- Working Holiday: This extremely popular, flexible open work permit allows you to travel and work in Canada for 12 months (and up to 24 months depending on your country of citizenship). An open work permit isn’t job-specific, which means you can work for any employer anywhere in Canada. Unlike most work visas, you don’t even need a job offer before applying for a Working Holiday permit. (Dozens of countries signed bilateral Working Holiday program agreements to allow young travellers to explore different countries and work to supplement their funds. Read more…)
- Young Professionals: This work permit is a great opportunity to gain relevant professional experience in Canada. You must first find an employer in your field in Canada and get a formal offer of employment. Depending on your country of citizenship, you could be allowed to work in Canada for 6-24 months.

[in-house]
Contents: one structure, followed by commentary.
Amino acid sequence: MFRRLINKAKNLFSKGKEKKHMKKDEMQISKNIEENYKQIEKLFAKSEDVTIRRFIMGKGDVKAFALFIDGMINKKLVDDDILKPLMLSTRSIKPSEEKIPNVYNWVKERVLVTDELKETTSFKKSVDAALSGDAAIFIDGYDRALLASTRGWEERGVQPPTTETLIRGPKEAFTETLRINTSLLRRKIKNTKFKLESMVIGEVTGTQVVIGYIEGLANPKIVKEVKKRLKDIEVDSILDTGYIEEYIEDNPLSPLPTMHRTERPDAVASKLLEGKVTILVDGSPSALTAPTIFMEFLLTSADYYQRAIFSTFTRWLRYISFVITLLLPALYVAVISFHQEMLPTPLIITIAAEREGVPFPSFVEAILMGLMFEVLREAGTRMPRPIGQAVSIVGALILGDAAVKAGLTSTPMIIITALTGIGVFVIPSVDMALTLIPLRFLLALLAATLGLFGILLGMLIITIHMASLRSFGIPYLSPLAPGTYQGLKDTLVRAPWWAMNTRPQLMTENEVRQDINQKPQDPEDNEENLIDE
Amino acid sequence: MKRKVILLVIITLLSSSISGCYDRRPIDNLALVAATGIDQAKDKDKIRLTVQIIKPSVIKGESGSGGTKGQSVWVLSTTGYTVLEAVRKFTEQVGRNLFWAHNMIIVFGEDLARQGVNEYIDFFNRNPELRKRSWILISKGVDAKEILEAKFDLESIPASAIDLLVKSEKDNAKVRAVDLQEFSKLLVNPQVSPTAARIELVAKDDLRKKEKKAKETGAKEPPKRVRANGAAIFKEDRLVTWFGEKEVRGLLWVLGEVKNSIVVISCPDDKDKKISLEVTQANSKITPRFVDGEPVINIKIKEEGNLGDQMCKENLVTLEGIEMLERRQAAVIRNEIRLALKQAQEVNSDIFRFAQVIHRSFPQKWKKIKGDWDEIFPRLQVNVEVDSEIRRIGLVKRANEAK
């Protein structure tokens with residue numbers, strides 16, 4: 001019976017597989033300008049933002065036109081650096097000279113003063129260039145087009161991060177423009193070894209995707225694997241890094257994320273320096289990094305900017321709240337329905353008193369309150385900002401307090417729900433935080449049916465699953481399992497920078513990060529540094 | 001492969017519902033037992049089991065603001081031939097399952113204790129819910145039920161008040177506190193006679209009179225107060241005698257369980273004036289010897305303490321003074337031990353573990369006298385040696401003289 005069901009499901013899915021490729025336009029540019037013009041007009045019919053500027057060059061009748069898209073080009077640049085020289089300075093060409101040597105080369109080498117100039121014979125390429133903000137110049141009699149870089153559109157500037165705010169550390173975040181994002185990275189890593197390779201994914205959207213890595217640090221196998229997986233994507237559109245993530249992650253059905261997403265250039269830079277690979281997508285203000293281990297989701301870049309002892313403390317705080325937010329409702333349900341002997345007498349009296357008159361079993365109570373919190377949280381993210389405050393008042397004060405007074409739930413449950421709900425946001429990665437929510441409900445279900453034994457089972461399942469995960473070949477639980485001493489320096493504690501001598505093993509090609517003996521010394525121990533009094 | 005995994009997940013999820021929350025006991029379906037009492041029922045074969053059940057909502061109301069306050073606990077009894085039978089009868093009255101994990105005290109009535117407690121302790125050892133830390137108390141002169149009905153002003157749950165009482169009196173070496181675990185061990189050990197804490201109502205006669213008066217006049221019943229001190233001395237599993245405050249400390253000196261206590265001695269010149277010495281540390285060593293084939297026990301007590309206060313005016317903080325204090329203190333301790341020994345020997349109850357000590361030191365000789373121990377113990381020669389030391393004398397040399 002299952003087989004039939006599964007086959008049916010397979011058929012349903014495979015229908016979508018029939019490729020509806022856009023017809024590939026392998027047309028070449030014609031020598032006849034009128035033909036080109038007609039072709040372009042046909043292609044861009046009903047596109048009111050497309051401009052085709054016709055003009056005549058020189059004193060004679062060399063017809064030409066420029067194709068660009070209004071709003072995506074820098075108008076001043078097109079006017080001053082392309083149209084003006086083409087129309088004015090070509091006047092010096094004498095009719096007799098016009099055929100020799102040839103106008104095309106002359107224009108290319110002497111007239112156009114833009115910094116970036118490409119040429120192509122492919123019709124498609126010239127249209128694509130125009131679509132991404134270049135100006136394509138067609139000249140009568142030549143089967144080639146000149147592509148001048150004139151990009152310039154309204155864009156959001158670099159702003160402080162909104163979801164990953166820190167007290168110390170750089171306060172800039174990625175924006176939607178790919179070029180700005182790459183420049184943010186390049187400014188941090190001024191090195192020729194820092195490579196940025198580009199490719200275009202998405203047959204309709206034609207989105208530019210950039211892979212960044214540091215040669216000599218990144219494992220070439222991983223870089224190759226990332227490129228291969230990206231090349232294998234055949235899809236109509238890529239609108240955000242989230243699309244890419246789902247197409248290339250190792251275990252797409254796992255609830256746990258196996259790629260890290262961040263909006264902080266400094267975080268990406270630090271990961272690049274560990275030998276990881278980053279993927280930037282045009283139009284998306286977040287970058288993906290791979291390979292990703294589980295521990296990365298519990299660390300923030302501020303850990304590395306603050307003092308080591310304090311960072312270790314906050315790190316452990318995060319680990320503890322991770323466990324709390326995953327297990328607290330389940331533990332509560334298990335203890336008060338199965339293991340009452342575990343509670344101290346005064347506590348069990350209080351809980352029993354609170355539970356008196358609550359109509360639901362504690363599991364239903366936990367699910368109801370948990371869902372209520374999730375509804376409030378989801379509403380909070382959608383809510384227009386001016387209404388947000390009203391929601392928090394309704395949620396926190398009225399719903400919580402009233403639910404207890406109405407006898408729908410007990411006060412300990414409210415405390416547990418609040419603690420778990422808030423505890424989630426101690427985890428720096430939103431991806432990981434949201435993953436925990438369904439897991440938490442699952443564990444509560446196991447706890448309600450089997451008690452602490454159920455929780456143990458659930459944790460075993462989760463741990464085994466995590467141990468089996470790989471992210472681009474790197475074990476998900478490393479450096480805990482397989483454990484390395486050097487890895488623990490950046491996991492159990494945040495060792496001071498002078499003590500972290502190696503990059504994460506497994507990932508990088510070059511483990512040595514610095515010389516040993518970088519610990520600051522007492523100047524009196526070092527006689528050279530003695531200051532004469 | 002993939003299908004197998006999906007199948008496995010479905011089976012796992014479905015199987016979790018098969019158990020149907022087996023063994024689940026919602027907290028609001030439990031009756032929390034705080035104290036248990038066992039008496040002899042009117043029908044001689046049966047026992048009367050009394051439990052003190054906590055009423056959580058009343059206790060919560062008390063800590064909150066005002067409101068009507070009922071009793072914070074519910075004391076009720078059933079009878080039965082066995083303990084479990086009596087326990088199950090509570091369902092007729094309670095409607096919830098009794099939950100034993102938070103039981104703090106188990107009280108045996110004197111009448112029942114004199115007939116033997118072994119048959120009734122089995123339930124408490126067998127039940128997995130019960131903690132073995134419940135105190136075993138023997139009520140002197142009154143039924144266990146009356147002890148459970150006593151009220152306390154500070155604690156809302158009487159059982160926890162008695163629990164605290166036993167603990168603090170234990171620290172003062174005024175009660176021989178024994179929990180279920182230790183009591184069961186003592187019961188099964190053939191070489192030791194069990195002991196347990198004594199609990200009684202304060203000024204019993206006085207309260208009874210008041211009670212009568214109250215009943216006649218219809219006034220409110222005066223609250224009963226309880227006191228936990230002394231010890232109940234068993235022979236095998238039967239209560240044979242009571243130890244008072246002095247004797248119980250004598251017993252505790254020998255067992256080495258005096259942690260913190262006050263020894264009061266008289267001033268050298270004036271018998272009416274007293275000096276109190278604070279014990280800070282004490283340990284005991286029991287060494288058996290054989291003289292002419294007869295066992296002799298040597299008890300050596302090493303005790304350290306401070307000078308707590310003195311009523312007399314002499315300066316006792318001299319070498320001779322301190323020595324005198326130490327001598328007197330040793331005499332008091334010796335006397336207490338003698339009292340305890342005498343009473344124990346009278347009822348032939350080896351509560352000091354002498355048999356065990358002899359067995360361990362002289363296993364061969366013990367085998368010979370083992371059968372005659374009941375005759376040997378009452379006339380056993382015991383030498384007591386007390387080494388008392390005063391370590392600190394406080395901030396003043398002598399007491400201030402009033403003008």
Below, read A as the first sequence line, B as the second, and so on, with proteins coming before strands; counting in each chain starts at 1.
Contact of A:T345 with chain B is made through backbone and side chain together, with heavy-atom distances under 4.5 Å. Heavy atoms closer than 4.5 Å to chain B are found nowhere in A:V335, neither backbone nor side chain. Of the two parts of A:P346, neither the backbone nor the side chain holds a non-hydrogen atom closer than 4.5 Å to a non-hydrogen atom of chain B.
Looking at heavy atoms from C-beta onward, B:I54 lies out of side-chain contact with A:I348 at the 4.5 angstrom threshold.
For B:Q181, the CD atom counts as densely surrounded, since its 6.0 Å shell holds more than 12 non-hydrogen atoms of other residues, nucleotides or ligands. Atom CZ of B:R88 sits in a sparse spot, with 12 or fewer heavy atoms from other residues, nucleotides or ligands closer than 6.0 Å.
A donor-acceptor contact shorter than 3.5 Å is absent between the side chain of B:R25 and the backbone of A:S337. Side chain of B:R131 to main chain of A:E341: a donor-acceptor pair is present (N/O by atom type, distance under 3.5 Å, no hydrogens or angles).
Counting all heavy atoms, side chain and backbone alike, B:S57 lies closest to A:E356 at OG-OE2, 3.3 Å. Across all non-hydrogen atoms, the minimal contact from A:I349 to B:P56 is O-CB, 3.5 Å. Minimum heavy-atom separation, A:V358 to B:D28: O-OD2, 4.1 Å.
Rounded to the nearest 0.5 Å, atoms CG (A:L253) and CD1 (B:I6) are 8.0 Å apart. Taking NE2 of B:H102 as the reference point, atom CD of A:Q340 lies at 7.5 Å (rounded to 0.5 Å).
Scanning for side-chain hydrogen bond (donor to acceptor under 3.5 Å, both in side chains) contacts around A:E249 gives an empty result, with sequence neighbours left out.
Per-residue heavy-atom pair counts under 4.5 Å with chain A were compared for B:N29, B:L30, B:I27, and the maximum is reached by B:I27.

- International Co-op Internship: This work permit gives students the opportunity to complete a paid or unpaid—a work permit is required in both cases—internship in Canada. Students could stay in Canada for 6-12 months, depending on their country of citizens.
Interested? The first step is to check your eligibility for an IEC permit. Go to IEC eligibility, then select your country of citizenship and category.
Note that this guide is intended for all English-speaking applicants, so pay attention to the fine print that might apply for your country of citizenship. For official, up-to-date info, your reference should always be the Government of Canada—we don’t make the rules, we’re just here to explain them to you!